I started a new job recently and now that I’ve been there for a while, I feel more comfortable opining on it now. It’s freaky deaky normal! I mean, the people are nice! They are all competent! And there’s great camaraderie! And the management are genuine and are first to pooh pooh an assignment or call out someone’s bad behavior before we even open our mouths. It’s like I think it and they say it. I feel pretty darned lucky landing where I have. It’s not easy to find a job that doesn’t make me dread going back to work on Sunday night.
One time, during a game night with the cousins, we got these delicious cupcakes from a bakery that were castoffs from a “mistake” they had made with a customer’s order. It was for a little boy’s birthday party. The issue with the boutique cupcakes? They were the wrong shade of blue. The name of the child? Mason. Appropriate.
I’ve spent a month dealing with what I call 1%-people problems. The rest of us peons don’t buy $300 sweaters. The rest of us peons don’t see the phantom wrinkles on your khaki pants that require you to get it professionally cleaned and pressed not once, not twice, but three times. At least that’s the count so far. So when you’re off complaining about coal or nuclear plants please, stuff it. Cleaning requires water and electricity. And lady, you and your husband need a psychiatrist, not a dry cleaner.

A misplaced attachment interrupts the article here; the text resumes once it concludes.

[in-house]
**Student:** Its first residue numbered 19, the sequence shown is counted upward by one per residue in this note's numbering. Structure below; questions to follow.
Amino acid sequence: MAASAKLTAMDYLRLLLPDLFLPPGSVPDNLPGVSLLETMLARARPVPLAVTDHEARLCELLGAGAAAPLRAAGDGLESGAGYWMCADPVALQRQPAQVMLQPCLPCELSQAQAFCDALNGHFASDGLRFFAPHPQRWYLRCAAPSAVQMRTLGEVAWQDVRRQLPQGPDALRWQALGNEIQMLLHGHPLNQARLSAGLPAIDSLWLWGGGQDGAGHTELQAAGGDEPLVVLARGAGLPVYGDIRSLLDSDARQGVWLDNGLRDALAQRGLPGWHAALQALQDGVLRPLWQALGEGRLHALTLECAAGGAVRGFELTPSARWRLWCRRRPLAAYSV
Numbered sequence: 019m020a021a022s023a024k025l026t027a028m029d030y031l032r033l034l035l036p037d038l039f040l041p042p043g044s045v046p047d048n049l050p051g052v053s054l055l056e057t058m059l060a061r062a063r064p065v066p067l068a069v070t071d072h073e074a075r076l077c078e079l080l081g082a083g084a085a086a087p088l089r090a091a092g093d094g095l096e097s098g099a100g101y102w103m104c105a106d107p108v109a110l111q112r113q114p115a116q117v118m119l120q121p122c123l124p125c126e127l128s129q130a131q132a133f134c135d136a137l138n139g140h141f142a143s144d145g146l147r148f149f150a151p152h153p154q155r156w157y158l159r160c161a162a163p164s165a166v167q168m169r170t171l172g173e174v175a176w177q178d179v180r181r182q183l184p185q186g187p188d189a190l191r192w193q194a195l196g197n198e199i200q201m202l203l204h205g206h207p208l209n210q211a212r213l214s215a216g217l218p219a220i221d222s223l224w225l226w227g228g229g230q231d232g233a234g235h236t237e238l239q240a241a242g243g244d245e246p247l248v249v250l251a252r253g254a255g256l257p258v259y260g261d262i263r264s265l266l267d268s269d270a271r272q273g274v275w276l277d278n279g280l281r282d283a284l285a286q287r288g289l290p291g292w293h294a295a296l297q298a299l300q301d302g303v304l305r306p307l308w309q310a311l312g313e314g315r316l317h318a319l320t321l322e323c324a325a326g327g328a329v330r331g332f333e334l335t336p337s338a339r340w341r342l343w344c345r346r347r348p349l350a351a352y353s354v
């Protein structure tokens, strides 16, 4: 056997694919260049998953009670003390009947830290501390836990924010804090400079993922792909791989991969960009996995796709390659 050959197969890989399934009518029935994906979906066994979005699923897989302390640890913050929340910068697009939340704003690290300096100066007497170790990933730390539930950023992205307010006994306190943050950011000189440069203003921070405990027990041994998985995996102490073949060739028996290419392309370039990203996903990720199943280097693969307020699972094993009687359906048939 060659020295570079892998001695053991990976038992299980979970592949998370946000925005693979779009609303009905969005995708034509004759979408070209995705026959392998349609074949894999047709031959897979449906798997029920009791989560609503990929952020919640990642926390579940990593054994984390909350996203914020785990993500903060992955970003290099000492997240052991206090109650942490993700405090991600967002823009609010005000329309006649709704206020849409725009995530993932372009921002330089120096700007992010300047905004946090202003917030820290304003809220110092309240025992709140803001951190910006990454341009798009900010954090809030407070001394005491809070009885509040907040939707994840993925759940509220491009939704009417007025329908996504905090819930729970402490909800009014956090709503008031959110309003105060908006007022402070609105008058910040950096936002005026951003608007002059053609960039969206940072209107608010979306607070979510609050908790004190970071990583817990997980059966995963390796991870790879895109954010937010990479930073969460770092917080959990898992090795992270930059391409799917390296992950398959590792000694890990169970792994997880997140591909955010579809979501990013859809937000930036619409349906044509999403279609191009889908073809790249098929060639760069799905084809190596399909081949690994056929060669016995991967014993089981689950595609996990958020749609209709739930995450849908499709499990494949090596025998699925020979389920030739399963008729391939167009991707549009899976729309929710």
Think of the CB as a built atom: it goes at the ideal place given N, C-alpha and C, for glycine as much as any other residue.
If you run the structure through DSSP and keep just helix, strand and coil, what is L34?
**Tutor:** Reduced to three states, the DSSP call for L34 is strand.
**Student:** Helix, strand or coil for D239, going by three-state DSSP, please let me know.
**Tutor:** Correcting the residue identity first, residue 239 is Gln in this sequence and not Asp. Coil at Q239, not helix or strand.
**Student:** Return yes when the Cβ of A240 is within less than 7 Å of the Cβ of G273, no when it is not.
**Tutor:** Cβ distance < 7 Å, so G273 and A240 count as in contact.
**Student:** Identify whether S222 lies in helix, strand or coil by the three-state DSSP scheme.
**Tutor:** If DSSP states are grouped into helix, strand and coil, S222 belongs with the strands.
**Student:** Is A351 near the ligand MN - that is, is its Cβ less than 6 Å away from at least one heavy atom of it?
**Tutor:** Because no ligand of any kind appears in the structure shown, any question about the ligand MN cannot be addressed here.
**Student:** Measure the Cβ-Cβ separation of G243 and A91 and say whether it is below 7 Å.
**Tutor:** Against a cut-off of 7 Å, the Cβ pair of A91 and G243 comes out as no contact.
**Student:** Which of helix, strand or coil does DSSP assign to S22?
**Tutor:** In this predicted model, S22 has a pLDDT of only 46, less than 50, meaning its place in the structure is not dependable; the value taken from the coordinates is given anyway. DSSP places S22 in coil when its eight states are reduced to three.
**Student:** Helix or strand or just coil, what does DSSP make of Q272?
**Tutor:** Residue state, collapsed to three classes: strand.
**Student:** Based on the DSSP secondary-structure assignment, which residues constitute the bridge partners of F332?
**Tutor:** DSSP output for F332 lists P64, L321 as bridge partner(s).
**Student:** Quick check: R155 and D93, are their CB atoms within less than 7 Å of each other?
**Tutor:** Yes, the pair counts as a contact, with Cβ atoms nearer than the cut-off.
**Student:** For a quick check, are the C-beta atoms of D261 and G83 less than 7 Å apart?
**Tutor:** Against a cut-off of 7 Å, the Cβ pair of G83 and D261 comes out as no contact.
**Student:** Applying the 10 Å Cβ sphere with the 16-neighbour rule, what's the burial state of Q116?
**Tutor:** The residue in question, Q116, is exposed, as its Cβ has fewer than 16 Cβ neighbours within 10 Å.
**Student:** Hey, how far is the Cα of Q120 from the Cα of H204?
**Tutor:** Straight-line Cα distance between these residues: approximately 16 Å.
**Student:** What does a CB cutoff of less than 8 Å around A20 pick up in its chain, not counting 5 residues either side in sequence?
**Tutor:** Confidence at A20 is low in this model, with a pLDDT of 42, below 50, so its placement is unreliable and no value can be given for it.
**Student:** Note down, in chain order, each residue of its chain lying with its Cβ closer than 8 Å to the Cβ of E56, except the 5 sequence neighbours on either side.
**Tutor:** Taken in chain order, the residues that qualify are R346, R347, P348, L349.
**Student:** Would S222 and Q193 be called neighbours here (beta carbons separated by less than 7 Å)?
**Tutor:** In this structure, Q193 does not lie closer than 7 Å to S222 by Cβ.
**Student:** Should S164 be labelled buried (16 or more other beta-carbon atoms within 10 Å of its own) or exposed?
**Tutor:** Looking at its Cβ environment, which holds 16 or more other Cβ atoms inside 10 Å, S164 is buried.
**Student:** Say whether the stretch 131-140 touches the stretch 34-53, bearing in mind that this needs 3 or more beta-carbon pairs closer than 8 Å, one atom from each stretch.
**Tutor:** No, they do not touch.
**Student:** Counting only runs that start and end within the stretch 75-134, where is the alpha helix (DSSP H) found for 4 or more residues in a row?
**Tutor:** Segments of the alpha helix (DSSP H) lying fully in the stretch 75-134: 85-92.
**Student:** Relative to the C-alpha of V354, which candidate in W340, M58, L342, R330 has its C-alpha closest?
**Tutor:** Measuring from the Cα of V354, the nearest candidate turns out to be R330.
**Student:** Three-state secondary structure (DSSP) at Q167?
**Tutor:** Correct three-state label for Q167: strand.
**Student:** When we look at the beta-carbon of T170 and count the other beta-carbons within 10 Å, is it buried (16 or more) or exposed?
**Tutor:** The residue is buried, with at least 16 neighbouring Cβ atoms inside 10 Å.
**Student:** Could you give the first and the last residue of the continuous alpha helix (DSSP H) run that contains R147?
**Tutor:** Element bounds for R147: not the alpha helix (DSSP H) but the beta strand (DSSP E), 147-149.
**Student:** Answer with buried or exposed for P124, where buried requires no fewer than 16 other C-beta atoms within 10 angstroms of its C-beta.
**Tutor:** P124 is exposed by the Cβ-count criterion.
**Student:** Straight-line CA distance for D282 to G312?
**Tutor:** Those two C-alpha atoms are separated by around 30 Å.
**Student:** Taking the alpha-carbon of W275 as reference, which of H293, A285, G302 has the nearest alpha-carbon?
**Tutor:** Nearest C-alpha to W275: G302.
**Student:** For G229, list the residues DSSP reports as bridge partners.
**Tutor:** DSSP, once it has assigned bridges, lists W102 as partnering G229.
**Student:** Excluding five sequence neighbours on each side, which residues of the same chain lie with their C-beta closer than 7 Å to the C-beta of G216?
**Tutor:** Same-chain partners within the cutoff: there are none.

Some just have very different priorities from me and I have a really hard time pretending to give a shit when you tell me you have a stain on your brand new blouse. It came from food right? You had food. Lucky you. It’s not even a good looking blouse. It’s polyester, made in China! Some 5 year old probably stitched it together. And yes, you still have to pay for it even if the spot doesn’t come out. I don’t see any signs around here guaranteeing all stains will be removed. This is how some of them get to join the 1% ranks. Not only do they out earn most of us, they out cheap most of us. They expect something for nothing.
I don’t know where I’m going with this. I’m just annoyed working in the services industry.